WASHINGTON — For veterans like Nick Armendariz, trauma from combat continued long after returning to civilian life.
“I hung up my uniform. I lost my identity, my family and my tribe,” Armendariz testified before a House panel.
Armendariz is an Army veteran and served three combat tours in Afghanistan. He told members of Congress he battled with post-traumatic stress disorder once he came home and got into legal trouble, which led him to consider taking his own life.
“I felt as though I didn’t want to be here any longer and considered an alternatively morbid path,” Armendariz said.
Armendariz added that he was grateful a prosecutor sent him to veterans’ treatment court, giving him what he considers to be a second chance. Sadly, he said, far too many of those he served alongside with weren’t as fortunate.
“I know of countless suicide attempts and four men with whom I served were lost to suicide,” Armendariz said.
His testimony was part of a hearing with the House Veterans’ Affairs Committee Wednesday focused on preventing veteran suicide. Lawmakers and witnesses said preventing veteran suicide is a long term and on-going commitment that involves everything from making sure essential needs like housing and food are covered for our vets to making sure they have access to mental healthcare treatment.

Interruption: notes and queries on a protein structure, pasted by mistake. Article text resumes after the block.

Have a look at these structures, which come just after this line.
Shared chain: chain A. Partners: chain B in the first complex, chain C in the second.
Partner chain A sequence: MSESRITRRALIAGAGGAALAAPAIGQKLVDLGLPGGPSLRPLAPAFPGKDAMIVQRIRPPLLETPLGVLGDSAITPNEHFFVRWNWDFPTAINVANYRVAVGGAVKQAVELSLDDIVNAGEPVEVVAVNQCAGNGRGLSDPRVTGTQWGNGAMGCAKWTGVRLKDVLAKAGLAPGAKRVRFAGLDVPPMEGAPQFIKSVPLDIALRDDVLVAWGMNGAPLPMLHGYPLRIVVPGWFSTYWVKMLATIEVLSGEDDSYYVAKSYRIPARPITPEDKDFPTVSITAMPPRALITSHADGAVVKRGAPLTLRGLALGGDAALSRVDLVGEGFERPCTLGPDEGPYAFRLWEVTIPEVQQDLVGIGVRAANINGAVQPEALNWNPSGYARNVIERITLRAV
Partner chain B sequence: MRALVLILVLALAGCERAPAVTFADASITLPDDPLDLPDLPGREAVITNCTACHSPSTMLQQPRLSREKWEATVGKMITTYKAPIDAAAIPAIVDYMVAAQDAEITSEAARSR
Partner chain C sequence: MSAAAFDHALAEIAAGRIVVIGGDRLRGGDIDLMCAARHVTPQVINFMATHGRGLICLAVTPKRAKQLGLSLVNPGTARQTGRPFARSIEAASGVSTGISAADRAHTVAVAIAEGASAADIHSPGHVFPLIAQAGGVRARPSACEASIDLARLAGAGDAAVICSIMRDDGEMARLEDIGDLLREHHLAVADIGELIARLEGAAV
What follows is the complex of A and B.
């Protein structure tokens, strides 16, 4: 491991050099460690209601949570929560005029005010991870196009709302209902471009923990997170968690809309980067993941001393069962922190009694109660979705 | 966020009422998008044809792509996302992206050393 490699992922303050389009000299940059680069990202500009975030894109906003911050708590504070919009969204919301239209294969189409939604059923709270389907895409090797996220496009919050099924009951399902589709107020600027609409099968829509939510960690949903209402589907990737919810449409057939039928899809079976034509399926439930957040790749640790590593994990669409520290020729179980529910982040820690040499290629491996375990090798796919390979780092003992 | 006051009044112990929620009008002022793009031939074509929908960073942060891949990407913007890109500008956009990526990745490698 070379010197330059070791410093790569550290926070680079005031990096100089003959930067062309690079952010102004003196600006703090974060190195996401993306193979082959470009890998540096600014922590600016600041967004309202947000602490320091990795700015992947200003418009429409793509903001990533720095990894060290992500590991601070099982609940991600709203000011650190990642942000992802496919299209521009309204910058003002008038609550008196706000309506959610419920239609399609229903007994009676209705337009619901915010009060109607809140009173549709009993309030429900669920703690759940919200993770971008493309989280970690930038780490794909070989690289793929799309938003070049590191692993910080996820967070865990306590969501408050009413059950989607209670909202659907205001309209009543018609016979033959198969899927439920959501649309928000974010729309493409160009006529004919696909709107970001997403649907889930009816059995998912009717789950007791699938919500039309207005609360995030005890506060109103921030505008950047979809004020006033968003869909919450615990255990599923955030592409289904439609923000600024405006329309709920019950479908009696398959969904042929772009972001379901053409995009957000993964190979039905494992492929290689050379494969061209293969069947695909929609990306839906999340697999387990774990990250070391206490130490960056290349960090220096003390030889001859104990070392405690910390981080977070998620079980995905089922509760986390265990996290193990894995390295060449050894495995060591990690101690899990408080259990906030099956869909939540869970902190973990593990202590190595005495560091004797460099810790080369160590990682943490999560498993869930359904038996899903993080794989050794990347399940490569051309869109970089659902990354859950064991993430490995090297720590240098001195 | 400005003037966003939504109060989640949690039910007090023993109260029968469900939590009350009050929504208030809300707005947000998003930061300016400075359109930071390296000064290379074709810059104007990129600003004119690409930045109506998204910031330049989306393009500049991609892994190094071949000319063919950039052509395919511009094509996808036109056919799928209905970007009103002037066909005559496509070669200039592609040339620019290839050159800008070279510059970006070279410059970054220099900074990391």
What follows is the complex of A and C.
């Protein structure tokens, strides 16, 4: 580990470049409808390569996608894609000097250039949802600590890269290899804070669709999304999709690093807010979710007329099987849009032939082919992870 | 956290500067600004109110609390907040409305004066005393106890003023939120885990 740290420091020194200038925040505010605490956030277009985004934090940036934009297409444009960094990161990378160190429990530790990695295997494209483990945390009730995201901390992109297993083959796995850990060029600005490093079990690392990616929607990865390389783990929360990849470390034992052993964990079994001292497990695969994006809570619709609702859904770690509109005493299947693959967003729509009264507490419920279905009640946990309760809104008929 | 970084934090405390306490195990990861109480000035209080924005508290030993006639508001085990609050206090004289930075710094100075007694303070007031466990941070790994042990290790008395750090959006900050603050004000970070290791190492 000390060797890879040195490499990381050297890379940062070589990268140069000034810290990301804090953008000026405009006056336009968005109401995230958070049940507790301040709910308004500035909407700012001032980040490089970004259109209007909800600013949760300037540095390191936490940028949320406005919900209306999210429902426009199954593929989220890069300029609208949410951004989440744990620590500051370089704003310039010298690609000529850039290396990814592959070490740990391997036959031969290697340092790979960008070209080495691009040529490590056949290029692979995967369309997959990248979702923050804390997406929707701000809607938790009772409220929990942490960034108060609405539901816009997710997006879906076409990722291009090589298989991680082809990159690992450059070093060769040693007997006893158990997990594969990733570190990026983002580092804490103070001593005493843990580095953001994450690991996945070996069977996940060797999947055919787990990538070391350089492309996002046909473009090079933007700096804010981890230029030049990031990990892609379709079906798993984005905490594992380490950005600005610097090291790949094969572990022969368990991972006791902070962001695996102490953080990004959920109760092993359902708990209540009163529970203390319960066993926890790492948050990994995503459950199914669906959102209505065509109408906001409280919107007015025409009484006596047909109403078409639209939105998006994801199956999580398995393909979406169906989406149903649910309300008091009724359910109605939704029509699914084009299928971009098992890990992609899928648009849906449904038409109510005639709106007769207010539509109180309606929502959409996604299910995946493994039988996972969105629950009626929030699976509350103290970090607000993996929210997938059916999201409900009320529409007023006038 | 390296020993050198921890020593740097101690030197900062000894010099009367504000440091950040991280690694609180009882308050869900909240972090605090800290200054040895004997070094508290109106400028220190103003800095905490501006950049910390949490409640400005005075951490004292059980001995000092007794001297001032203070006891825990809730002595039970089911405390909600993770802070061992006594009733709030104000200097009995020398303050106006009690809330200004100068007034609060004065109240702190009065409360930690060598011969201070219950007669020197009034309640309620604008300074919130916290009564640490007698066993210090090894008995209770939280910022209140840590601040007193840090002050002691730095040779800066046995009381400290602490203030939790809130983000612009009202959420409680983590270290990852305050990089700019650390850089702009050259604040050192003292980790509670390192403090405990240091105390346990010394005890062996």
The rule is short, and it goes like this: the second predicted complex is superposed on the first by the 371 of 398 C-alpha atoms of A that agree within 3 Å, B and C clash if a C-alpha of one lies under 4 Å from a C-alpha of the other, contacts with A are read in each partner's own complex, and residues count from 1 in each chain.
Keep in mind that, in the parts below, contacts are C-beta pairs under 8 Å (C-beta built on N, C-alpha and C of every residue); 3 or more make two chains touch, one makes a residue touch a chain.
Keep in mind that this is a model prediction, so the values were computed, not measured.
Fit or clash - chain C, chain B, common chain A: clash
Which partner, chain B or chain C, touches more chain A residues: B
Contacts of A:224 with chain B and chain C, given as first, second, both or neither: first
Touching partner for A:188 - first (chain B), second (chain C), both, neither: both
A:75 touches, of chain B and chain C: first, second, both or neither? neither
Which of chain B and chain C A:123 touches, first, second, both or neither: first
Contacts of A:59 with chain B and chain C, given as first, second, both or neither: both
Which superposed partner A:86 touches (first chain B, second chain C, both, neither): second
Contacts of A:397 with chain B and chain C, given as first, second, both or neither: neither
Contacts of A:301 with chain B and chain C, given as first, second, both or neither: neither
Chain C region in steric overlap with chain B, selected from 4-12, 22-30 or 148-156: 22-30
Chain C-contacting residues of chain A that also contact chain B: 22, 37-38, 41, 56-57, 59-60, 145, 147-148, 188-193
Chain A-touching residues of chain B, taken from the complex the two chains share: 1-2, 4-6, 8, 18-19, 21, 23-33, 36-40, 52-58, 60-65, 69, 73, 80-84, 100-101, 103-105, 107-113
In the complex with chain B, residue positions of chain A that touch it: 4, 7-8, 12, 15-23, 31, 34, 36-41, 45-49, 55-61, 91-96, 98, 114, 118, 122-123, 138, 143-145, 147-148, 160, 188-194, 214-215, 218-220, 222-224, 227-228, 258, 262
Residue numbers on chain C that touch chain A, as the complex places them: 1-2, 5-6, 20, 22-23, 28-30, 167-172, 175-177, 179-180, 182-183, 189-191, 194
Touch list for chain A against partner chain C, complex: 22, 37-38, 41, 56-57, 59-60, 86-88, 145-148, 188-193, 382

“Stable housing is suicide prevention,” said Rep. Mark Takano (D-Calif.), Chair of the House Committee on Veterans Affairs. “Financial security is suicide prevention. Food is suicide prevention.”
Testimony and questions from lawmakers also pointed to the added stress on Afghanistan vets following the U.S. troop withdrawal from Afghanistan.
“As the world watched the U.S. withdraw troops from Afghanistan, the collapse of the Afghan government and the return of the Taliban rule, some veterans questioned the worth of the work they had done during their deployments,” said Tammy Barlet, the Deputy Legislative Director for Veterans of Foreign Wars (VFW).
“Veterans who served in Afghanistan and even those who served elsewhere have been under immense stress,” said Rep. Mike Bost (R-Ill.), the Ranking Member of the House Committee on Veterans Affairs.
Representatives from the VA told lawmakers the number of veteran suicides did drop in 2019 compared to previous years. But even with progress, there’s still a long way to go. More than 6,200 U.S. vets died by suicide in 2019.
“Suicide is preventable,” said Dr. Kameron Matthews, the Assistant Under Secretary for Health for Clinical Services for the Veterans Health Administration. “Suicide requires a public health approach combining clinical and community-based strategies.”
Veterans’ groups called on Congress to demand greater accountability from the VA services meant to help our vets.
“We must demand a more thorough evaluation of all VA programs,” Barlet said.
Armendariz urged lawmakers to push for the VA to release more specific data on veteran suicides.
“Our community needs to further analyze this data and study the risk factors that combat deployment contributes to veteran suicides,” Armendariz said.
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